Everywhere you go, you see the marks of condo-mania. In my tiny Arlington, Va., neighborhood alone, there are two new condominium projects under construction and one condo conversion in progress within a two-mile radius of our own (ahem) condo. Colorful signs at these construction sites and properties highlight the lifestyle, the starting prices, and, of course, the way to the sales office. Would-be homeowners and investors are lining up to buy them.
And why not? While the stock market has languished in recent years, real estate has racked up record gains. Our townhouse unit now lists for more than 50 percent over what we paid for it, and we bid high three years ago.
As satisfying as it is to feel you bought at the right time, such rapid price growth does give me pause—as does the current volume of activity and interest in the condo sector. Local business journals from Philadelphia to Minneapolis are publishing stories on the skyrocketing levels of condominium construction downtown. Multifamily firms that have traditionally concentrated on apartment properties are focusing on condos right now, building and selling them while the market is hot. Converters are offering prices for popular properties that apartment companies can't refuse and then quickly flipping the buildings as condos. Local governments are joining the fray too, but for different reasons. Concerned about housing affordability, some cities are attempting to limit conversions, which they believe reduce the supply of moderately priced rental apartments.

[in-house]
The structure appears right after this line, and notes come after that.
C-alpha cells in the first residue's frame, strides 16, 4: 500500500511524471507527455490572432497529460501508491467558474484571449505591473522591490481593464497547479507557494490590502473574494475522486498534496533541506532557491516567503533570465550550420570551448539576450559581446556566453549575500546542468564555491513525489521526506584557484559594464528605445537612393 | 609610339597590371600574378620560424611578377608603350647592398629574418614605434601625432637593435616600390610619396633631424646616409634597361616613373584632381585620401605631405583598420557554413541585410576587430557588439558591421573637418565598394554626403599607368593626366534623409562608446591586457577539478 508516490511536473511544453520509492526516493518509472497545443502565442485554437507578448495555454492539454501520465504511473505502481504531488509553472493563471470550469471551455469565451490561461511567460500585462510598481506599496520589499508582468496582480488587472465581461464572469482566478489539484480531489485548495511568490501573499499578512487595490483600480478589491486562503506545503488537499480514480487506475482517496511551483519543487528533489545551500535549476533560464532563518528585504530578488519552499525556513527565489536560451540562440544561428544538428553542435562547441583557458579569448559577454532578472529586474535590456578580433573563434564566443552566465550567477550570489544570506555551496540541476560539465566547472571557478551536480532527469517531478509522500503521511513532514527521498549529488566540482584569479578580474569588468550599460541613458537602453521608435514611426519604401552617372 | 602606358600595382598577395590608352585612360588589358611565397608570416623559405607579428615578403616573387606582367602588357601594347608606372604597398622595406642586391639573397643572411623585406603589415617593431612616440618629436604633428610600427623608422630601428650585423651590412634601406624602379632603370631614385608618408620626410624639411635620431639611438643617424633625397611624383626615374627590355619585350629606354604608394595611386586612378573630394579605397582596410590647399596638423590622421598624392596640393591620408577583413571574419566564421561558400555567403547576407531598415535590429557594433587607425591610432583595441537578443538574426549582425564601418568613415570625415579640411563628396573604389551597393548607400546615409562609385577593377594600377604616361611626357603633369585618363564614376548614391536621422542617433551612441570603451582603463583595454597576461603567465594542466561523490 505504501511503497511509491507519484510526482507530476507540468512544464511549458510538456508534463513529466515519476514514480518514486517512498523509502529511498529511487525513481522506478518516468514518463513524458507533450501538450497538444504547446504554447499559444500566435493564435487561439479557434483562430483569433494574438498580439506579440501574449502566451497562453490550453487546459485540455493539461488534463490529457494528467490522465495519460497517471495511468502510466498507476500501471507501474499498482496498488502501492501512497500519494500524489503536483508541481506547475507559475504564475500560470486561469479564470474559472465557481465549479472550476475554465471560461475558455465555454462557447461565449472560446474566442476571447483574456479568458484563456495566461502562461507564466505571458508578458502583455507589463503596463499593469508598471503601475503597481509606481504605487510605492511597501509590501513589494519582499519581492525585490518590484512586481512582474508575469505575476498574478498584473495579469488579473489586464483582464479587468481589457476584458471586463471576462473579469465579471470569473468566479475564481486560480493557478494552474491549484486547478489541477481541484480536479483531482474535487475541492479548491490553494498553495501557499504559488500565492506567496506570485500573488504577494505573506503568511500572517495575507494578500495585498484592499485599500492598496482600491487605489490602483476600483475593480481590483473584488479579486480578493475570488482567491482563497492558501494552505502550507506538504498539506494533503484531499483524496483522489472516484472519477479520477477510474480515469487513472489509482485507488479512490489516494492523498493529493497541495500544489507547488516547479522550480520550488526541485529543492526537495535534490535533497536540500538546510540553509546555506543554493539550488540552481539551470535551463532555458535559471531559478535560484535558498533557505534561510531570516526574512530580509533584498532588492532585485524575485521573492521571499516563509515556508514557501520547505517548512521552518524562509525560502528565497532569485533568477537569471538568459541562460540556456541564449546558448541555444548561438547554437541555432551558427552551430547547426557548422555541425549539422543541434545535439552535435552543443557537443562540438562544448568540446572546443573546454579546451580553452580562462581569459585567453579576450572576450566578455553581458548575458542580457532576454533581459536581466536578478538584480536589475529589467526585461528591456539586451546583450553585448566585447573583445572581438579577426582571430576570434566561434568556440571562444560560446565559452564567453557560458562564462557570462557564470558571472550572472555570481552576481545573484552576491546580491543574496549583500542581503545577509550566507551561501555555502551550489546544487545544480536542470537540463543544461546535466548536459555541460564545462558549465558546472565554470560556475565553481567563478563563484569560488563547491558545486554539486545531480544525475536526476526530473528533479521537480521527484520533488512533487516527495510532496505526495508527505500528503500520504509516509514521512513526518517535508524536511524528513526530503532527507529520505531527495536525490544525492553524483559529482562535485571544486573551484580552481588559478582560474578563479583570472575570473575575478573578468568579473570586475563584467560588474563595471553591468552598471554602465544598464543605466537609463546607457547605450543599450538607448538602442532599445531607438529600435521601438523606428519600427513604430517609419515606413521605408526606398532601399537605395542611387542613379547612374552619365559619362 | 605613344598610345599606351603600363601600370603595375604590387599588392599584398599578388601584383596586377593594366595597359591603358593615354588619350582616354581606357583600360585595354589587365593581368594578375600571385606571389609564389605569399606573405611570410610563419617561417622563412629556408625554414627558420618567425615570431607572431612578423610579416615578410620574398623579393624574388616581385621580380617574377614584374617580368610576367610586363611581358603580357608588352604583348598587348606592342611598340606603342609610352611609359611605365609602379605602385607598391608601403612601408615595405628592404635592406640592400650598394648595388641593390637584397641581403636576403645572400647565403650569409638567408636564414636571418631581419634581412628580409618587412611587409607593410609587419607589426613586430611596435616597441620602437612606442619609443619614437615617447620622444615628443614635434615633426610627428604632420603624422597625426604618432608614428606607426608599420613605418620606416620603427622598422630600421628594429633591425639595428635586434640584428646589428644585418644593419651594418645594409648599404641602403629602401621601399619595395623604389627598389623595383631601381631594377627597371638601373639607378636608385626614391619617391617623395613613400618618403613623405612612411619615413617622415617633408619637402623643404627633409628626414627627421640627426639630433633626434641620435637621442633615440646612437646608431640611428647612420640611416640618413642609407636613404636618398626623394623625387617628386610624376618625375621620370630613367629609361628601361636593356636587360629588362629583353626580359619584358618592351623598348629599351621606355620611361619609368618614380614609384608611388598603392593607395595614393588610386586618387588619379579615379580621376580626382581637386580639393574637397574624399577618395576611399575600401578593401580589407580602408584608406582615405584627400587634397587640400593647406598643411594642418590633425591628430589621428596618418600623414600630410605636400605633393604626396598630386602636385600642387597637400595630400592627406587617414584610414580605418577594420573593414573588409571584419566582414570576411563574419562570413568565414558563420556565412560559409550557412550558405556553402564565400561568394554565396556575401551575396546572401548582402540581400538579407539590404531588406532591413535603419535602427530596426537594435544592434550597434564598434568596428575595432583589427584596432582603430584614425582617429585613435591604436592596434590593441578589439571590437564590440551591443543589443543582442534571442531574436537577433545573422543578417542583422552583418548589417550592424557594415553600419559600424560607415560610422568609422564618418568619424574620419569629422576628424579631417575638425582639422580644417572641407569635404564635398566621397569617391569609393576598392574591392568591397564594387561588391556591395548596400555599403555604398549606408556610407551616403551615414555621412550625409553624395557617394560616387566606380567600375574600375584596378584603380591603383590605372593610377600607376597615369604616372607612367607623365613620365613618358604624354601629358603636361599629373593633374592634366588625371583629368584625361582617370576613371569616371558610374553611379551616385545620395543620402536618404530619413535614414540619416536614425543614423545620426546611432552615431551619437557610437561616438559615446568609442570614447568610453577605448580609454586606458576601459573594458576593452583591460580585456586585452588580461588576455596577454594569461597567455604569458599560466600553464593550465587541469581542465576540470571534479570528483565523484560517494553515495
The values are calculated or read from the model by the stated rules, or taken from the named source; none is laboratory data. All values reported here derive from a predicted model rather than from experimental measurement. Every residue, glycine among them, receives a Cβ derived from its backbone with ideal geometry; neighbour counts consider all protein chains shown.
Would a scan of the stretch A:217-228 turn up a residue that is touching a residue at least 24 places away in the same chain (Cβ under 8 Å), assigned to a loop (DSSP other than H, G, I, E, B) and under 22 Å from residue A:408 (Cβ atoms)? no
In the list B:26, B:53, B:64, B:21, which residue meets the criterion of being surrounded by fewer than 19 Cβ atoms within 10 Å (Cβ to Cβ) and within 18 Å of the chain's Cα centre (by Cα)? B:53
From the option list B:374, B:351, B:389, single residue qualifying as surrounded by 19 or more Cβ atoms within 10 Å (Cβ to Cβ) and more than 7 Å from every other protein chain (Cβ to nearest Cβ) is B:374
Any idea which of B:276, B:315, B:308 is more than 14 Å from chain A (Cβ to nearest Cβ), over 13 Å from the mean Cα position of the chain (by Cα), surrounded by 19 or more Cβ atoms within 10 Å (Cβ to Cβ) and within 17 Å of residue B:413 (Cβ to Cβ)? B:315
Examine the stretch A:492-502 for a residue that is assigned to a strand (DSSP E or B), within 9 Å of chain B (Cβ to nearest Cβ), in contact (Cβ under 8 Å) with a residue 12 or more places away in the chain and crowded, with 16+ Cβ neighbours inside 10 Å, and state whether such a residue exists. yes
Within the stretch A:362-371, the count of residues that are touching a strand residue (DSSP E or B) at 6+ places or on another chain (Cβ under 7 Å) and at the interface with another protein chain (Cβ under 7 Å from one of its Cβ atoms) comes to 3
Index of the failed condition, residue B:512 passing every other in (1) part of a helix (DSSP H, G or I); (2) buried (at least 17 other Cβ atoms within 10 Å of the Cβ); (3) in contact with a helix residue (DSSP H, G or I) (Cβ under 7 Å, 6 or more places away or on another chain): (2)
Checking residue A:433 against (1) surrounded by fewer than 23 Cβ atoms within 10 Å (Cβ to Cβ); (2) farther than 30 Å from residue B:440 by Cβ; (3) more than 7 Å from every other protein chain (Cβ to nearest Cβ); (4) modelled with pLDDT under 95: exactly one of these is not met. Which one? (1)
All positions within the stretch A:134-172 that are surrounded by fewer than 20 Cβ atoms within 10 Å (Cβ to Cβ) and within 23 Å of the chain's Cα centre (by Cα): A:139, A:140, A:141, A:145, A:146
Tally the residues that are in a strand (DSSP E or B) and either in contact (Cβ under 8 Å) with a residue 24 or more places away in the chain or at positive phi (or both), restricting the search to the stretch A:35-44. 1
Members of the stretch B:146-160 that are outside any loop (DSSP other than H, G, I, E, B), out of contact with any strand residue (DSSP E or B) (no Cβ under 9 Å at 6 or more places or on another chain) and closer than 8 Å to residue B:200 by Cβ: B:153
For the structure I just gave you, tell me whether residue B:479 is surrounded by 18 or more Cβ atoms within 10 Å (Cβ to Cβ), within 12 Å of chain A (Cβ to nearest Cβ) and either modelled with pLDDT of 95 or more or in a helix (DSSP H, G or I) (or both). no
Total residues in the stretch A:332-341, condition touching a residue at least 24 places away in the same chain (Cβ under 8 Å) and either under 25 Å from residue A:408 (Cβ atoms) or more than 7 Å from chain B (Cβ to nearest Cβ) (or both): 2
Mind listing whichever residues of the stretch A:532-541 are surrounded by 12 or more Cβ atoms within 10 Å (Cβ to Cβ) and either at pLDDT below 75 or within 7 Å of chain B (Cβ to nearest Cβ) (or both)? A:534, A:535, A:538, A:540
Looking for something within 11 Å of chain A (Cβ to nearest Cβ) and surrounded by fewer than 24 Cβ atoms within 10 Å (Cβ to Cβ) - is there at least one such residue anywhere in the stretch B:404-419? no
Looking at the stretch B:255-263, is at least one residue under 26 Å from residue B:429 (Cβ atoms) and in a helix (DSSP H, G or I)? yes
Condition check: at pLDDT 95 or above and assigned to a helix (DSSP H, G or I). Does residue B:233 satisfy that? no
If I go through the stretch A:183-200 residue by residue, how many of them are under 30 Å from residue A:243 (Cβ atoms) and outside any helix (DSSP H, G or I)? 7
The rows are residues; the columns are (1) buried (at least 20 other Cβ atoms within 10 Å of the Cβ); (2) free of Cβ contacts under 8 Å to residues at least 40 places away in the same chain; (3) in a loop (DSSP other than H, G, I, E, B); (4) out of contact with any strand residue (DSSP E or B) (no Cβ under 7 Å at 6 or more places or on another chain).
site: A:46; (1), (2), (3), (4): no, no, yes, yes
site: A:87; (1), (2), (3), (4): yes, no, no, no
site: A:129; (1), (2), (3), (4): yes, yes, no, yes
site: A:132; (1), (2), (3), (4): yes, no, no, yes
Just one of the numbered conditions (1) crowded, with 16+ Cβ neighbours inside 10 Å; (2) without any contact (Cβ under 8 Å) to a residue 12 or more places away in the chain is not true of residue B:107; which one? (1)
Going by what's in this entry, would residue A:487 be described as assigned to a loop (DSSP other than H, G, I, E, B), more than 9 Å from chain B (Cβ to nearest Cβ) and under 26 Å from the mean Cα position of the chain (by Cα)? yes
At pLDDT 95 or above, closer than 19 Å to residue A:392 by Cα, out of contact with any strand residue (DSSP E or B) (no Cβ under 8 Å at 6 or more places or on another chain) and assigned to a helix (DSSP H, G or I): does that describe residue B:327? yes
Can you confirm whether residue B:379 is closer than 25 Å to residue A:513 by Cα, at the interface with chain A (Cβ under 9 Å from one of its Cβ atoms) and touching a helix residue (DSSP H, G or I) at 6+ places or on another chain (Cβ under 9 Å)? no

While I'm happy that higher-density living is finally gaining acceptance (after all, not ever yone wants a McMansion with a Super-Size commute), I do wonder if there are enough buyers for all the condos that are being built. Maybe there are; after all, 2004 saw a record number of existing condos and co-ops being sold (970,000 units), according to the National Association of Realtors.
But the health of the condominium market isn't just about volume. It also depends on who's buying these units, homeowners or investors, and many worry that there aren't enough owners in the condo market today. At our recent MULTIFAMILY EXECUTIVE Leadership Summit in Vail, Colo., apartment executives talked about the opportunities and threats that they believe condos currently present to the industry. One big worry: investors, who many believe represent a significant percentage of condo buyers in Las Vegas, Miami, and elsewhere.
The presence of excessive numbers of investors in the market has implications for both condo owner–occupants and apartment firms. If a building has too many investors, buyers may have difficulty getting a mortgage—and the builder may have trouble selling those units. The popularity of condos with investors also raises concerns about speculation, excess supply, and a shadow rental market that drives down rents for everyone.
At the same time, given apartments' relatively weak rents and occupancy challenges, who can blame companies for jumping into one of the most active and financially rewarding areas in the multifamily market today?
No one—as long as the craze continues.
Alison Rice can be reached at: firstname.lastname@example.org